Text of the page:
translated from Spanish: How was the experiment of the prison from Stanford

Eric was suspended by his wickedness. E CastroPlaca that reminds the Stanford Prison experiment, in 1971, which is still controversial. It is one of the most famous psychological studies of history and it has been so many times that some already consider it a myth.
You might sound: a College Professor of Psychology recruits a group of students and asks them to imagine that they are in a prison. He appoints some guards and other prisoners.
In a few days, the «jailers» become so sadistic and abuse so of their «prisoners» that the experiment should be suspended.
It happened really, in 1971, and not on any side: in one of the most prestigious universities in the United States: Stanford, in California.
How it all started? The roots of the experiment have been mapped to another controversial psychological study carried out a decade earlier at another famous American University of Yale.
This study is known as «the Milgram experiment» because it was directed by the psychologist from Yale Stanley Milgram.
Milgram wanted to analyze the obedience to authority.
Getty ImagesLa most of the nazis accused in the Nuremberg trials said that they had «obeyed orders» and so were innocent. His inspiration were the Nuremberg trials that judged Nazi crimes after the second world war. Most of the defendants had based his defense on the fact that simply were «following orders» from his superiors.
Milgram wanted to find out to what extent a human being «good» is able to cause damage to another by following orders.
Their experiment was very controversial because it deceived the participants, telling them that it was a study on memory and learning.
40 volunteers divided into two random groups: some said that they would be teachers and other students who would be.
Then took the «students» to another room and asked «professors» that put to test the memory of his alleged students.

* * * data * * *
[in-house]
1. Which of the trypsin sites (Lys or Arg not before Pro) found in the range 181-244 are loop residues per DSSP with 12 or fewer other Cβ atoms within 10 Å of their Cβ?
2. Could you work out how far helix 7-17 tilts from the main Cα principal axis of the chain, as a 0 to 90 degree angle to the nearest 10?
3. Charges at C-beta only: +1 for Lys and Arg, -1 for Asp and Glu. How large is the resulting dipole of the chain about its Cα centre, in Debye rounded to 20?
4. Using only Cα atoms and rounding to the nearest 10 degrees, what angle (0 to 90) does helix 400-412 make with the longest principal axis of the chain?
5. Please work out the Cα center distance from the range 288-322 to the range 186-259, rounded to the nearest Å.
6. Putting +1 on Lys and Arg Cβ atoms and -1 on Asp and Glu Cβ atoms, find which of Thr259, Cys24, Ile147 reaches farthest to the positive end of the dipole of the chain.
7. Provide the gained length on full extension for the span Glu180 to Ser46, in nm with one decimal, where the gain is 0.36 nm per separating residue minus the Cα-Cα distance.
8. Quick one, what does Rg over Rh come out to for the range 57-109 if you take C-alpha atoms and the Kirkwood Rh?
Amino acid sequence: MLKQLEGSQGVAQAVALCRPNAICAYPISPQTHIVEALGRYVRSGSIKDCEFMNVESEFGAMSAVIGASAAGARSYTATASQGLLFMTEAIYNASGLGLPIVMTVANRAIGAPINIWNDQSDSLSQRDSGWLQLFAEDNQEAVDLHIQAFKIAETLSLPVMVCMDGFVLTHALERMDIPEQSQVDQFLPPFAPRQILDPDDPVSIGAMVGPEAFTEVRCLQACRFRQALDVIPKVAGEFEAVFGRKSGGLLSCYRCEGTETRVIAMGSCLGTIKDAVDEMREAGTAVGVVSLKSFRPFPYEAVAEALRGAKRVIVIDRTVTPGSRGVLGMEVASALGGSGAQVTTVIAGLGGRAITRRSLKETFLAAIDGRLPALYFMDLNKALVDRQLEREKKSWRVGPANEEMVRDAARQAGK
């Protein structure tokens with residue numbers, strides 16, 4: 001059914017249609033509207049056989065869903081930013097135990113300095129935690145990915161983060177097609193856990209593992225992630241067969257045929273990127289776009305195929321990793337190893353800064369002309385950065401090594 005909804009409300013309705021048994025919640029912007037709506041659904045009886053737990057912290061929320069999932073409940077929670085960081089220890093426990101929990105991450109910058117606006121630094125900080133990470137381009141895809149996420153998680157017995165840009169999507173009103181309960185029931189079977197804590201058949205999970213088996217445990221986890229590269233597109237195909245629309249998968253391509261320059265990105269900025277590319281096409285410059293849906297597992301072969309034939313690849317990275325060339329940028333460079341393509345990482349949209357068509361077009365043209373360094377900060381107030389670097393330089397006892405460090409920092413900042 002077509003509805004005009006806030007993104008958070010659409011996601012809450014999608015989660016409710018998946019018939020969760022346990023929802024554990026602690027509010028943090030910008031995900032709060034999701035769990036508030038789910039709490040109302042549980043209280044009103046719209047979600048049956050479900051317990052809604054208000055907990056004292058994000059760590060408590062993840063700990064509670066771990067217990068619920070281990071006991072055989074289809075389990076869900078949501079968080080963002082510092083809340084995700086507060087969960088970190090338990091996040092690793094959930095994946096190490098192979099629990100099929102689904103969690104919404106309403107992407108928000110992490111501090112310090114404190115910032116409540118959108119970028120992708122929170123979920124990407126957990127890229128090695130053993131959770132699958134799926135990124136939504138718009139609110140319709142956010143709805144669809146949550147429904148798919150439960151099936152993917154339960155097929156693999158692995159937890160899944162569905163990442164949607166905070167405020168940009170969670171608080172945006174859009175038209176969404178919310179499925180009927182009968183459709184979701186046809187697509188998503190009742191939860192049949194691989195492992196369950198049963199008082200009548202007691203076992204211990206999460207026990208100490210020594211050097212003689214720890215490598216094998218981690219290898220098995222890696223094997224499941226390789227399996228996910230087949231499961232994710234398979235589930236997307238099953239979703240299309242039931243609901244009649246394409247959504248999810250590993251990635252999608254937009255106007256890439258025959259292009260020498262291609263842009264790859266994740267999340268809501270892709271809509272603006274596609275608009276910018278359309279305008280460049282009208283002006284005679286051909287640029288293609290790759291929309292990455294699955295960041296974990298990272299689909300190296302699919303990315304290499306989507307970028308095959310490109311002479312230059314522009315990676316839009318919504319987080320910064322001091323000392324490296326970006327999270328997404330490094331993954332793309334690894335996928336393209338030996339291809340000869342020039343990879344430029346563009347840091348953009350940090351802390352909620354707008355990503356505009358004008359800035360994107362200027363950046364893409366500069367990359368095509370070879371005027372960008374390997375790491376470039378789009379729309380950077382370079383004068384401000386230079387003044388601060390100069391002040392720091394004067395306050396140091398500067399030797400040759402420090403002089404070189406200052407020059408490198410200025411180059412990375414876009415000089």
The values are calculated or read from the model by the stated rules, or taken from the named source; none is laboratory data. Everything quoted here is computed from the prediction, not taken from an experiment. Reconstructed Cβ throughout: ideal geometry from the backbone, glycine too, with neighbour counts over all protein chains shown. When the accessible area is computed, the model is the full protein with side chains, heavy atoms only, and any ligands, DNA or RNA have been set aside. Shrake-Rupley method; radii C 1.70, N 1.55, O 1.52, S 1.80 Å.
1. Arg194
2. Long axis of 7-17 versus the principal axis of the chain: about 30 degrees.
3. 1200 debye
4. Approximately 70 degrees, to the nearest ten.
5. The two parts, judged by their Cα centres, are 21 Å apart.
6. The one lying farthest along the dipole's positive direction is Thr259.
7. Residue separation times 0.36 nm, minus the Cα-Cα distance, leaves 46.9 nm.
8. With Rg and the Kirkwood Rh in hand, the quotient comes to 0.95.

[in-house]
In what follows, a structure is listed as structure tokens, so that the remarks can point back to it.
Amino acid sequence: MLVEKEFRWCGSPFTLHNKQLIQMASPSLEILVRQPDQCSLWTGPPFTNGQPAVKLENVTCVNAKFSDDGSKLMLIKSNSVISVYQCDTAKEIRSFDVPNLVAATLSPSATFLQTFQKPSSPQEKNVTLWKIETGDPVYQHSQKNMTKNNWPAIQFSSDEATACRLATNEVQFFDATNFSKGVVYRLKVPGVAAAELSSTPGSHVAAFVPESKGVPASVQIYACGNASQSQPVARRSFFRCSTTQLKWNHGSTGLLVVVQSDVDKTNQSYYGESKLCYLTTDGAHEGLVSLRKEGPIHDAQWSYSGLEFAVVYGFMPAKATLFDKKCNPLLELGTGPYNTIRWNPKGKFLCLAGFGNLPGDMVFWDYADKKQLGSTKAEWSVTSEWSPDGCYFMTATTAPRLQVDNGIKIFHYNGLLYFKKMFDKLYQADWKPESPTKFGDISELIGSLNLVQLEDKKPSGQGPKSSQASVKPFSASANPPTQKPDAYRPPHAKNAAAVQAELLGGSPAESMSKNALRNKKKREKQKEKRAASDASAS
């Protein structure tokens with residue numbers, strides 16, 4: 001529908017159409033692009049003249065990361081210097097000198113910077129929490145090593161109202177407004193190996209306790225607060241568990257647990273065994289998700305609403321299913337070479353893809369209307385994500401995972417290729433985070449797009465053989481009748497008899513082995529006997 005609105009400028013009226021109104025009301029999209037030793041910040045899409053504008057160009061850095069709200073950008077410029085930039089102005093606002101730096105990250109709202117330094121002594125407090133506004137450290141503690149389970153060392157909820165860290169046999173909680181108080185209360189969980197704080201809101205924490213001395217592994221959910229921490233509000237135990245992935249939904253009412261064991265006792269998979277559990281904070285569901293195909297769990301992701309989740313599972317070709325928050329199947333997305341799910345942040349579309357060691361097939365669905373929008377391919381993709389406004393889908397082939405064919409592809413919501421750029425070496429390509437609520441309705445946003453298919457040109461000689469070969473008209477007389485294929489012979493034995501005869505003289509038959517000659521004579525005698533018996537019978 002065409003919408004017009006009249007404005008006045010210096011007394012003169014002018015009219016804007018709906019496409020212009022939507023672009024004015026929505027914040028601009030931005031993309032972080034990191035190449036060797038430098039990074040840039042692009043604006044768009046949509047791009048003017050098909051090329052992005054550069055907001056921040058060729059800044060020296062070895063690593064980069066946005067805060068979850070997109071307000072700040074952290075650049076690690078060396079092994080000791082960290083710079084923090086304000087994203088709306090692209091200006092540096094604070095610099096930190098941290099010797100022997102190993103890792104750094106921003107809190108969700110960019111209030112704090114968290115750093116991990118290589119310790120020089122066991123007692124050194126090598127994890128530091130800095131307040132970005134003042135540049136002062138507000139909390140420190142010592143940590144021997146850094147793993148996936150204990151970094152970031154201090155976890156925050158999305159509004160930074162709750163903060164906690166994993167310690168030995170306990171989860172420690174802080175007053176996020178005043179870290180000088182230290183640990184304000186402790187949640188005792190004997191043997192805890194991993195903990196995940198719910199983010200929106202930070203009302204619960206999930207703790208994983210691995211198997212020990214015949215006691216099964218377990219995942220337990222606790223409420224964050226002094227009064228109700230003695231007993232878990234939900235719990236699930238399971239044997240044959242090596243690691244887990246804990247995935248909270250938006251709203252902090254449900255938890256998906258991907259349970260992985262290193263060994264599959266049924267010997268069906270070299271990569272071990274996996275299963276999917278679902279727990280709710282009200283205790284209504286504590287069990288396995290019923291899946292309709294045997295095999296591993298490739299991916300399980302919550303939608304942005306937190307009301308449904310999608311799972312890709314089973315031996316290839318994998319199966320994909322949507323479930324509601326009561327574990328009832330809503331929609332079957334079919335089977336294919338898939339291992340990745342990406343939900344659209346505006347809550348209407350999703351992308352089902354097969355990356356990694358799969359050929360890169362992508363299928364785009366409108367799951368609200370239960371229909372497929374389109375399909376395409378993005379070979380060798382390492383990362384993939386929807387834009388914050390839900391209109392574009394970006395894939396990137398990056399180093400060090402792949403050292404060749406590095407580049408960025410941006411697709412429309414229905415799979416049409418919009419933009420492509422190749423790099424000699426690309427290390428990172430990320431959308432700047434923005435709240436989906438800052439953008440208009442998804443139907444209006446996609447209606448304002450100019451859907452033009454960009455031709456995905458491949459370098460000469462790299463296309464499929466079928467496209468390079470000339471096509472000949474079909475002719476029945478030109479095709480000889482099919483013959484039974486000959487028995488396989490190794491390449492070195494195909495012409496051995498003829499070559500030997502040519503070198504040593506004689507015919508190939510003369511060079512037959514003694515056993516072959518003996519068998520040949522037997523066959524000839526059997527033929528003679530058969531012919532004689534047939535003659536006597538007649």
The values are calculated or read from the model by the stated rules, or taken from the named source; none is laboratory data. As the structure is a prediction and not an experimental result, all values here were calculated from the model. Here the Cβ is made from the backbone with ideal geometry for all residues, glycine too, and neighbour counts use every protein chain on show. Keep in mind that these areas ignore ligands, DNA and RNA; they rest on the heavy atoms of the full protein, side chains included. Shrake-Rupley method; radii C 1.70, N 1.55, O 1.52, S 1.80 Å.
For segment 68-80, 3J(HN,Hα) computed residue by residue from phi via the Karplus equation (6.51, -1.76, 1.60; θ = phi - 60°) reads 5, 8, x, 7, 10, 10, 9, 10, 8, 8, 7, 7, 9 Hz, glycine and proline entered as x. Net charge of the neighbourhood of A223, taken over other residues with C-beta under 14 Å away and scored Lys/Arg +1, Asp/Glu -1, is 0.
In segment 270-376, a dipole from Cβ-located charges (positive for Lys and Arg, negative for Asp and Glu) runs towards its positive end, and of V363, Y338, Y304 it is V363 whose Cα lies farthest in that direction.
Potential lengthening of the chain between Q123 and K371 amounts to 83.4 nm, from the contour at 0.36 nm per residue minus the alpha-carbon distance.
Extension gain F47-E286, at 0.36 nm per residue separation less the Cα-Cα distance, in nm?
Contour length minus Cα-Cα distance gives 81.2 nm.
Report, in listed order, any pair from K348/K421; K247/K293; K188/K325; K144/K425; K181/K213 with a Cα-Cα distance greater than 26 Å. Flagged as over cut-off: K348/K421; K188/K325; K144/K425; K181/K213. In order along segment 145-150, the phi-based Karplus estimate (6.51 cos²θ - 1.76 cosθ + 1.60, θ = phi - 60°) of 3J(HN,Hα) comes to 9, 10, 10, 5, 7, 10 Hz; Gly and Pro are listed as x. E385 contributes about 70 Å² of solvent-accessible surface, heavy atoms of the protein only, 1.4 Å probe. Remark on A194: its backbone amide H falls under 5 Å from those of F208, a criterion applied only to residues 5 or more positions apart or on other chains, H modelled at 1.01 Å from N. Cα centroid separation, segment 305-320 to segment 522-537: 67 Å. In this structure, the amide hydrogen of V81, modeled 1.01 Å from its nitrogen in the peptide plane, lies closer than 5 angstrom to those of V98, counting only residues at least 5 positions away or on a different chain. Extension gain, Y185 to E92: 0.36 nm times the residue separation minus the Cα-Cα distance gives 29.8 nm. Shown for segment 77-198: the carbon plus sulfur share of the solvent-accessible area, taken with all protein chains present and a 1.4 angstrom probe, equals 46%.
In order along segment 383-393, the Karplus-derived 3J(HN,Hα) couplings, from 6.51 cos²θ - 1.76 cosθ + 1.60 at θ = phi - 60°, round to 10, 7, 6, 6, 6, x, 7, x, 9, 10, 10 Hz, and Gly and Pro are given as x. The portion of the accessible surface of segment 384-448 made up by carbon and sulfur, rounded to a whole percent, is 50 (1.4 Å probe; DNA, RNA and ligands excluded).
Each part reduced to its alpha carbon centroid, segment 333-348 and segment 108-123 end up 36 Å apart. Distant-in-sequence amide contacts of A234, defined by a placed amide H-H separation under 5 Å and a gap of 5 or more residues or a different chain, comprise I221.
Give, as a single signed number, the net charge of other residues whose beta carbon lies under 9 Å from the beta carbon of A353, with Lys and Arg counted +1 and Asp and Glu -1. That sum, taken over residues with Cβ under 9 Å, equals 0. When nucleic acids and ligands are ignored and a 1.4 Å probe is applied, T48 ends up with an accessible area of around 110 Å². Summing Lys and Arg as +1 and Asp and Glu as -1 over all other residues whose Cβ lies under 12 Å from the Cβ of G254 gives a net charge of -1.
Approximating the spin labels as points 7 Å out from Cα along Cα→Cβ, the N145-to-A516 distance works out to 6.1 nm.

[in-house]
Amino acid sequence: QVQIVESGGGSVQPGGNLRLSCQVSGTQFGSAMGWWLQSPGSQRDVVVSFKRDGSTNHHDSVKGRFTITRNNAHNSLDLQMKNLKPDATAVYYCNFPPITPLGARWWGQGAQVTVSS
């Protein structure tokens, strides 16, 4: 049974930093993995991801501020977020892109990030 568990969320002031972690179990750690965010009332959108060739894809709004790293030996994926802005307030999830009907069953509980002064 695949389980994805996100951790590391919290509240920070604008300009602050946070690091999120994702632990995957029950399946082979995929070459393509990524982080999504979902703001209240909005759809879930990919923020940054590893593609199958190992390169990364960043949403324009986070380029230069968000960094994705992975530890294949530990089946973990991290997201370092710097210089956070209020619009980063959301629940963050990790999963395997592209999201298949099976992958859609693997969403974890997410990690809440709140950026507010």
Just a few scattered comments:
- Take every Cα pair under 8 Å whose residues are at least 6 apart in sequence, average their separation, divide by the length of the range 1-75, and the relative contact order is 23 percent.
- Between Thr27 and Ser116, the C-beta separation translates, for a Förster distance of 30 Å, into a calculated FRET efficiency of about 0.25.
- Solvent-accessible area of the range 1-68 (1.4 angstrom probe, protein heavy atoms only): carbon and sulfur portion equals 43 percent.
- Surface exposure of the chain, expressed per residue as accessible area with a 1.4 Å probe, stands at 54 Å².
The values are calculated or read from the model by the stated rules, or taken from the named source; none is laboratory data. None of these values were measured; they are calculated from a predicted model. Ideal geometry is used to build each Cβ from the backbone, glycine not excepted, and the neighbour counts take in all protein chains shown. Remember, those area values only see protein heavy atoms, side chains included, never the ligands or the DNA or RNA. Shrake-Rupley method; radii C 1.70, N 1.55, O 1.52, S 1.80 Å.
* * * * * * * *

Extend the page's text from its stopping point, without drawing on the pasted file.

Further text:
He told them that if they were wrong they should punish them with an electric shock. The machine used for this broadcast downloads ranging from 50 to 450 volts. The maximum had written down a warning saying: «danger: severe shock».
BBCA despite this, following the orders received, 65% of the «teachers» ended up applying the highest discharge, while the cries of the so-called students in the next room could be heard. It turned out the machine not emitted voltage and the screams were recordings. But the truth is that the controversial Milgram experiment found that the majority of people were willing to physically harm to another rather than confront the person who gave them the order.
Prison of Stanford a decade later, a Professor of social psychology at Stanford University named Philip Zimbardo wanted to take the Milgram experiment a step further and discuss how thin is the line separating the good from the bad.
Zimbardo wondered if a «good» person could change their ways according to context in which it was.
He pulled out a notice offering daily $15 volunteers who were willing to spend two weeks in a false imprisonment.
The experiment was funded by the Government of USA, I wanted to understand the origin of conflicts in its prison system.
Zimbardo selected 24 students, most white and middle class, and divided them into two groups, randomly assigning the role of guardian of the prison or prisoner. Then let them return to their homes.
The experiment began brutally: real cops (who agreed to participate in the project) were presented in the homes of the «prisoners» and arrested them, accusing them of stealing.